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This review is from: The Pre-Raphaelites (The World's Greatest Art) (Paperback)
This small book, 17cm x 16cm, contains 384 pages and more than 170 beautiful illustrations that are reproduced in very good colour. Other books in the series consider individual artists, including O’Keeffe, and movements, such as the Bauhaus. As an introduction to Millais and the Pre-Raphaelite Brotherhood it is first class.

The author, Michael Robinson, presents a very brief history of the Pre-Raphaelites that, as has been pointed out, does not benefit from the size and greyness of the type. There is information about the authors on the inside back flap but this is even smaller, making it almost unreadable. This is also true about the legends to the works illustrated in the Introduction.

The other feature about this book is its title that implies that Millais was not a Pre-Raphaelite when, along with Holman Hunt and Dante Gabriel Rossetti, he was a founder member. For readers not already familiar with the movement this is confusing and is not helped by the brevity of Robinson’s text.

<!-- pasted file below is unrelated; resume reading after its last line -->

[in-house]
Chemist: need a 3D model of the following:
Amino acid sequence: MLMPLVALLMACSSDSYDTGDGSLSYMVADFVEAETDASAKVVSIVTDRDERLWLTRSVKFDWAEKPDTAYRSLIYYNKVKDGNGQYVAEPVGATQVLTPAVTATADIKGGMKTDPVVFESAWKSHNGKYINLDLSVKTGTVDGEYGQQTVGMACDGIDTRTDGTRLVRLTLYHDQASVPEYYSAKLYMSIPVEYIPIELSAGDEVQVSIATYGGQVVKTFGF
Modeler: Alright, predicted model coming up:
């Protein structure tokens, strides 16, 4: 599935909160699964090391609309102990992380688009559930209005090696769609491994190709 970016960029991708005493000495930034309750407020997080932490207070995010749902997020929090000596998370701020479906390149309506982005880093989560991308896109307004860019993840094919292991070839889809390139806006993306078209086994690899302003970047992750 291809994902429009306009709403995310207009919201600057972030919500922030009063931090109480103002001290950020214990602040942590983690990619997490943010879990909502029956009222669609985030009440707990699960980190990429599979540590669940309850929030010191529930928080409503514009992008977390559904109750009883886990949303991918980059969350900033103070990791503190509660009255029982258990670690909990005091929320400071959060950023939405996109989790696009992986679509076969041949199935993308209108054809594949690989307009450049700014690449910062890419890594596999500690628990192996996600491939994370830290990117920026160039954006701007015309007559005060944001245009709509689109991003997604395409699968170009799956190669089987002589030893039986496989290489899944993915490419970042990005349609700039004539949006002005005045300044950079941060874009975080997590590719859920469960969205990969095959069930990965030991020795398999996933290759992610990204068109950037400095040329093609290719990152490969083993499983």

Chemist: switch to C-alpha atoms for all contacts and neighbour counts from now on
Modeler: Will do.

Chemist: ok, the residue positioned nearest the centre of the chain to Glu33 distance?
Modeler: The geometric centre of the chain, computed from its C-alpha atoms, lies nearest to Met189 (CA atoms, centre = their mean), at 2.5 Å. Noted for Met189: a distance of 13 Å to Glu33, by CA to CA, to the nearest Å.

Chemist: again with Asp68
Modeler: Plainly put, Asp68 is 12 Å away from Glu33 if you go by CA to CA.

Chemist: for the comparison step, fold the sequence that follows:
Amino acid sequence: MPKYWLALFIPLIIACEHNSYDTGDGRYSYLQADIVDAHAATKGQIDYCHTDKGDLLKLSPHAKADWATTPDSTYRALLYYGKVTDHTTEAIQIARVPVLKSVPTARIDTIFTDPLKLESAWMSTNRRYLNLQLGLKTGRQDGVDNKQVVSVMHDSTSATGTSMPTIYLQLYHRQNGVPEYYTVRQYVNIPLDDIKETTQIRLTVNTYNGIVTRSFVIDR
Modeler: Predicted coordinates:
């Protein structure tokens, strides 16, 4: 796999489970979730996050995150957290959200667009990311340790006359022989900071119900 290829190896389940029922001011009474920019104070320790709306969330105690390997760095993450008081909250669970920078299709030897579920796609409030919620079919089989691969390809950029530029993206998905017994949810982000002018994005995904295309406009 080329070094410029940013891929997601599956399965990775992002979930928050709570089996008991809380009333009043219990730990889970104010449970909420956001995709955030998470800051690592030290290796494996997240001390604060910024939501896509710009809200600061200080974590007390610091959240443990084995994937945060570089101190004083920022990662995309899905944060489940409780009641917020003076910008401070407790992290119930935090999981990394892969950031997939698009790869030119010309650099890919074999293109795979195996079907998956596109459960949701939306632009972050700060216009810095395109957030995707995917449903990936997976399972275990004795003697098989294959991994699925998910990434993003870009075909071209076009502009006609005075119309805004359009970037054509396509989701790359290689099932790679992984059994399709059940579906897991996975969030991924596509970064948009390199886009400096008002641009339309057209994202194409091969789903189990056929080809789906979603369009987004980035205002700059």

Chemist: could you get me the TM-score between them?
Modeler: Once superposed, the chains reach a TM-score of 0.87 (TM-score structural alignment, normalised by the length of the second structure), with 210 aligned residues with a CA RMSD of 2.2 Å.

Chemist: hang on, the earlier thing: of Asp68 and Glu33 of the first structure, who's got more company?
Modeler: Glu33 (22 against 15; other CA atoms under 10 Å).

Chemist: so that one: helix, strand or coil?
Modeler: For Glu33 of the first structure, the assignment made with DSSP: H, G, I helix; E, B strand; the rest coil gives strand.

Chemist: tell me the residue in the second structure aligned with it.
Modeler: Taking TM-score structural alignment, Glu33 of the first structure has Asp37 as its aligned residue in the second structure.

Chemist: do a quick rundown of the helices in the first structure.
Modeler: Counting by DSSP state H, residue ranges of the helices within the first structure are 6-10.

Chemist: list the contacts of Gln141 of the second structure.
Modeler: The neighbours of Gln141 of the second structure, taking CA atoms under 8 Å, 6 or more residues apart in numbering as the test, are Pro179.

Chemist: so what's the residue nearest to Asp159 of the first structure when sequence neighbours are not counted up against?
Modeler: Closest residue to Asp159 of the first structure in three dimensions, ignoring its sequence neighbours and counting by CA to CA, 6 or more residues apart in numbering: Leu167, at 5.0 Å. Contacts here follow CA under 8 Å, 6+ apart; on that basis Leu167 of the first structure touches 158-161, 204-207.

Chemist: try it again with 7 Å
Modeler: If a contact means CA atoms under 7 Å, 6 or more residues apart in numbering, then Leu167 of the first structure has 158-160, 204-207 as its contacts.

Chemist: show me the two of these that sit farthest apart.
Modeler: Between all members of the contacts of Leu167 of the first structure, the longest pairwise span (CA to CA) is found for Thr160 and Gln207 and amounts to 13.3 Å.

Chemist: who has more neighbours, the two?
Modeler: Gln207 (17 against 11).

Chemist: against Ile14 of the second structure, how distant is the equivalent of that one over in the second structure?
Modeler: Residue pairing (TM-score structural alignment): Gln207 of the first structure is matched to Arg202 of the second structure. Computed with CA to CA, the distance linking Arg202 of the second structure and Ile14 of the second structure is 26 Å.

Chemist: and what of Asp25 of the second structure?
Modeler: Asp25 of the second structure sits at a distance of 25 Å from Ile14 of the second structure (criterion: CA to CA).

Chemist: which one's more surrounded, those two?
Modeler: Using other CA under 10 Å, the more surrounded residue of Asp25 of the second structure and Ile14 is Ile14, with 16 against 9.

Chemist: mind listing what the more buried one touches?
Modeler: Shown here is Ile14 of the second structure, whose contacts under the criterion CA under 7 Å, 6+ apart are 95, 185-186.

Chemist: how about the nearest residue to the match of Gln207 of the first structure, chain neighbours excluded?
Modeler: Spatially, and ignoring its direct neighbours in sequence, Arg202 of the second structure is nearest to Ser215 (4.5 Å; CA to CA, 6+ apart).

The central part of the book shows each individual reproduction with the facing page showing the name of the artist, title of the work and its date, a short description about the artist, where the work was created, the medium, an example of related work and the years of the artist’s birth and death. Where more than one work by an individual artist is shown, the biographical texts complement one another.

There are suggestions for Further Reading, an Index by Work and a General Index. The works are presented in sections devoted to ‘Movement Overview’ [offering a ‘snapshot of the whole of the movement’], ‘Society’ [describing the context within which the artists worked and what and how inspired them], ‘Places’ [indicating where the artist created the individual work and what impact it had on their overall oeuvre], ‘Influences’ [identifying earlier painters having the greatest impact on the artist and how the latter, in turn, inspired others] and ‘Styles and Techniques’ [the innovative ways in which the artists expressed themselves at different periods in their careers].

Once again, the distinction between these individual headings is rather vague with works by many artists being included under most sections. With this reservation, this book is a good introduction to the PRB and, by initially interesting the reader primarily through its reproductions, it should encourage deeper reading around the subject.